Often mistakenly viewed as a synonym for employer brand, corporate culture is a much broader topic that really needs to be understood before starting any conversation about recruitment and HR marketing. Corporate culture influences not only the employee experience, but also the entire relationship between an organization and its stakeholders.
But how does a company’s culture develop and, above all, how can you keep it alive with employees working from home? To answer these questions, we spoke with Stéphane Vincent, co-founder of Glasford International Canada, a middle and senior management recruitment firm for Canadian and global companies.
Corporate culture in a nutshell
All members of a society are united by common history, stories, values, knowledge and morals that comprise their culture. The same principle applies to companies, each of which forms a distinct community.
According to Stéphane Vincent, culture represents the balance between an organization’s operational skills (know-how) and its behavioural skills (social interaction). In other words, a company’s culture is the sum of its product offering, its business vision and the daily experience of the members of its ecosystem. It is omnipresent and can be seen in a company’s actions, decisions and interactions.
Corporate culture wears many hats, so to speak: it helps to guide an organization’s strategic decisions, to develop a sense of belonging among its team, as well as to attract, motivate and retain talent.
Organizations often tend to rely on the visual “wow” factor to define their culture. After all, it’s true that pictures of the latest coffee machines and pool tables in the office look good in the “culture” or “team” section of the website. But less tangible things, like how the firm makes decisions, engages its teams and communicates with its employees, reveal just as much about its corporate culture.
While corporate culture refers to all of an organization’s know-how and interpersonal skills, employer branding is a communication tool that focuses on a single element of the culture: the employee experience. “Employer branding allows you to present the reality of your organization to your employees and potential employees, your clients, your suppliers and your shareholders,” explains Stéphane Vincent. “That’s your brand and you hope it will make your job of attracting leaders and employees easier. “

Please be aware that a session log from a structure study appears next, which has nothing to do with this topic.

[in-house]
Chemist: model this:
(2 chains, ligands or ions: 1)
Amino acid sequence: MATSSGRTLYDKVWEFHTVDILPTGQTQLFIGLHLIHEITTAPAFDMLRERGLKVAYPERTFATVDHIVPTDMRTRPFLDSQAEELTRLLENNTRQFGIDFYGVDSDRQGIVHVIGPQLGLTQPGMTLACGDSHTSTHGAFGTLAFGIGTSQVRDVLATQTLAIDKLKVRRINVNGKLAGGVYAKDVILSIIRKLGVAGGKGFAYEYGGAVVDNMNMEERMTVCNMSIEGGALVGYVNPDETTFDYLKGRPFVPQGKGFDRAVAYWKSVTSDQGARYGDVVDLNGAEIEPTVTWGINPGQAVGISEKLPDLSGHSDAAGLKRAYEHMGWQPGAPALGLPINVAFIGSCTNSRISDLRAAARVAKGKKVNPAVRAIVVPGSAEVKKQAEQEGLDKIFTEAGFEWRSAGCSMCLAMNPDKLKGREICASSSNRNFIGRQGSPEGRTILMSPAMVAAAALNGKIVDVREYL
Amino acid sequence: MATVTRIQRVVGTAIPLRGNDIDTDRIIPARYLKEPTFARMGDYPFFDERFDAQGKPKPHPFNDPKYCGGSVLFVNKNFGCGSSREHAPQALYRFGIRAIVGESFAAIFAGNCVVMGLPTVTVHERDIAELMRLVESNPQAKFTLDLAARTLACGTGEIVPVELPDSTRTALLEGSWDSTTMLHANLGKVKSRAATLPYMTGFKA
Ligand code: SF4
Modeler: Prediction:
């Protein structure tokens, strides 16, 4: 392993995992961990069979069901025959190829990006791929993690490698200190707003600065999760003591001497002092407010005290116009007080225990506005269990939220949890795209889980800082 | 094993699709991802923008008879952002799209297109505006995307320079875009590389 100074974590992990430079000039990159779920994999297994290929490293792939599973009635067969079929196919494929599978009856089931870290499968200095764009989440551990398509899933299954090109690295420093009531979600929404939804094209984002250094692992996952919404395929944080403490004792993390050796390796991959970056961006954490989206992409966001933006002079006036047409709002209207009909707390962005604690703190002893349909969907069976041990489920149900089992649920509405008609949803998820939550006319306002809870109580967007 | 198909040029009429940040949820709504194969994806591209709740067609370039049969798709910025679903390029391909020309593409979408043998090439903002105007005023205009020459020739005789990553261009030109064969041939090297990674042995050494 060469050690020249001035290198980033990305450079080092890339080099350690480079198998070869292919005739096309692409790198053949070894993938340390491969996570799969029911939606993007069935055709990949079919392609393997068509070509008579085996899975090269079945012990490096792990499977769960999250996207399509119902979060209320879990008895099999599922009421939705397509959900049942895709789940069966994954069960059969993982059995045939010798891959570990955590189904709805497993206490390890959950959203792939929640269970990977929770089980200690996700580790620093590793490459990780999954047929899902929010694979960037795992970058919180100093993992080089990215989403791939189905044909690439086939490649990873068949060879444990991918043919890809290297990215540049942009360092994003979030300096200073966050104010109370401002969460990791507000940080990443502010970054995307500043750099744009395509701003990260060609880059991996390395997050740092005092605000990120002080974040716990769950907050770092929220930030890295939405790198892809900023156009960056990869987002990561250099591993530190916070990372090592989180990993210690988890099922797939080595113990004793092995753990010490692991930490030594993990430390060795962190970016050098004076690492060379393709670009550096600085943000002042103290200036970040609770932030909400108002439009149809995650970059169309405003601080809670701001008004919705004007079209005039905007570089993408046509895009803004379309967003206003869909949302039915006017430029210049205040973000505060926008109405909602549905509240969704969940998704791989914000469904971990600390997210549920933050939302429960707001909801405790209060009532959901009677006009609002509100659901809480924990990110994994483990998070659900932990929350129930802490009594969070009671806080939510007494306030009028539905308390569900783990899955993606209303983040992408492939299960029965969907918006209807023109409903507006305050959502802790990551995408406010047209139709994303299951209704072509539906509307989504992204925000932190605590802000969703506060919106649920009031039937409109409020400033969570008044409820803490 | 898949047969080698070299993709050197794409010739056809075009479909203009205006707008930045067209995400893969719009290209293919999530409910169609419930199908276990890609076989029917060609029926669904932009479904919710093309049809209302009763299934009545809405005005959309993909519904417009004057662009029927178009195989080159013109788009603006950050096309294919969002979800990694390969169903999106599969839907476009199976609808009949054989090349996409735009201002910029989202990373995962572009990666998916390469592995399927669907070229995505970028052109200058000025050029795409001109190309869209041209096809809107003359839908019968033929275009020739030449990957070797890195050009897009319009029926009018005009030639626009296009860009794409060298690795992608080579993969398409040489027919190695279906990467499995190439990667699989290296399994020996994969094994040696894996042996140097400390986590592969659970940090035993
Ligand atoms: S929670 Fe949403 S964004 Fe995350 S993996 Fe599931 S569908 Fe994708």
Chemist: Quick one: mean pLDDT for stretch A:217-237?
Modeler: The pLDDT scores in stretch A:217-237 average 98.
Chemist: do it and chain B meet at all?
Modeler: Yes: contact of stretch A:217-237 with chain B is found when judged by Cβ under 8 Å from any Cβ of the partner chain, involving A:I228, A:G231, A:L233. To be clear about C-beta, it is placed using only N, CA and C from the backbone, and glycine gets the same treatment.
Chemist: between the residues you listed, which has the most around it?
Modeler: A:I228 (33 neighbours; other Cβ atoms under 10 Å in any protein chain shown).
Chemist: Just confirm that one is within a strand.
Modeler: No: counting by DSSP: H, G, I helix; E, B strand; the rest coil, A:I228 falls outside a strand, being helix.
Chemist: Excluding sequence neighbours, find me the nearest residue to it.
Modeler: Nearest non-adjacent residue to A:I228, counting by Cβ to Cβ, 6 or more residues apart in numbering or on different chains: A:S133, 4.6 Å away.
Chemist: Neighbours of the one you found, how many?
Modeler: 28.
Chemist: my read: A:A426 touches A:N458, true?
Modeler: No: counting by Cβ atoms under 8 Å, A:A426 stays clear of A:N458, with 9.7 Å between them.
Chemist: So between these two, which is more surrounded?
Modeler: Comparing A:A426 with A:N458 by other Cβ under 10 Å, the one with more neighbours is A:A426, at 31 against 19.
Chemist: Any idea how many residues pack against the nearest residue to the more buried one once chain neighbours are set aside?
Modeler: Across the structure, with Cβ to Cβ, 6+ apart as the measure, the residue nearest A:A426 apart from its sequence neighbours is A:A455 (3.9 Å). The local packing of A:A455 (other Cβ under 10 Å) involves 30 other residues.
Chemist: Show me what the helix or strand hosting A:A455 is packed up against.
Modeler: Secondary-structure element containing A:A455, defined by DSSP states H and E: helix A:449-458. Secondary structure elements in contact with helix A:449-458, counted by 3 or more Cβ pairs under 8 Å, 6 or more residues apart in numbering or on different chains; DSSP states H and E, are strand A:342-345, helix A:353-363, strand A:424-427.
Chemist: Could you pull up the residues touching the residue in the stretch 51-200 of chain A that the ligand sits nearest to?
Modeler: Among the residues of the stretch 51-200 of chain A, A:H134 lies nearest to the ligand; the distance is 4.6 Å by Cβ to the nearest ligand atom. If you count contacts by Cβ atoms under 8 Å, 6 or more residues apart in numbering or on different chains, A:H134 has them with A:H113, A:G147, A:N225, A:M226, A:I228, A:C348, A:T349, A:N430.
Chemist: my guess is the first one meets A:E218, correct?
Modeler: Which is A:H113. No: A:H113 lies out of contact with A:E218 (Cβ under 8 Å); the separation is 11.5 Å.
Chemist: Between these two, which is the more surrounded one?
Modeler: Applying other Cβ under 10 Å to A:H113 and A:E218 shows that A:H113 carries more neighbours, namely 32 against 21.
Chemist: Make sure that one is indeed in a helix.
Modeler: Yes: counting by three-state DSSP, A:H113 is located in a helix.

In short, it is an organization’s employee experience promise, and it must represent the actual employee experience as closely as possible: “There must be consistency between your employer brand, which is perceived externally, and how the employer brand is experienced internally. […] If you have a significant gap […], you can attract talent, but you won’t retain it,” he concludes.
Understand your corporate culture
If culture is so important to companies, then they should invest accordingly to develop it.
That said, this would, in fact, be the wrong way to go about it, because you don’t create your culture. It already exists, even if its members are not always aware of it: “From my experience, I would say that when you are in an organization, it is not that obvious to see it,” says Stéphane Vincent. “So at some point, senior management has to take a step back and ask themselves […] What is our DNA? What makes us different from other organizations? Are our employees aware of it?”
“It will help you determine the breadth of your culture, and how strong that culture is, how good it is. Do your internal employees understand it? Do they live it? Do your managers stand their ground and make decisions that allow the culture to be as consistent as possible? This is even more important in a merger or acquisition context,” he adds.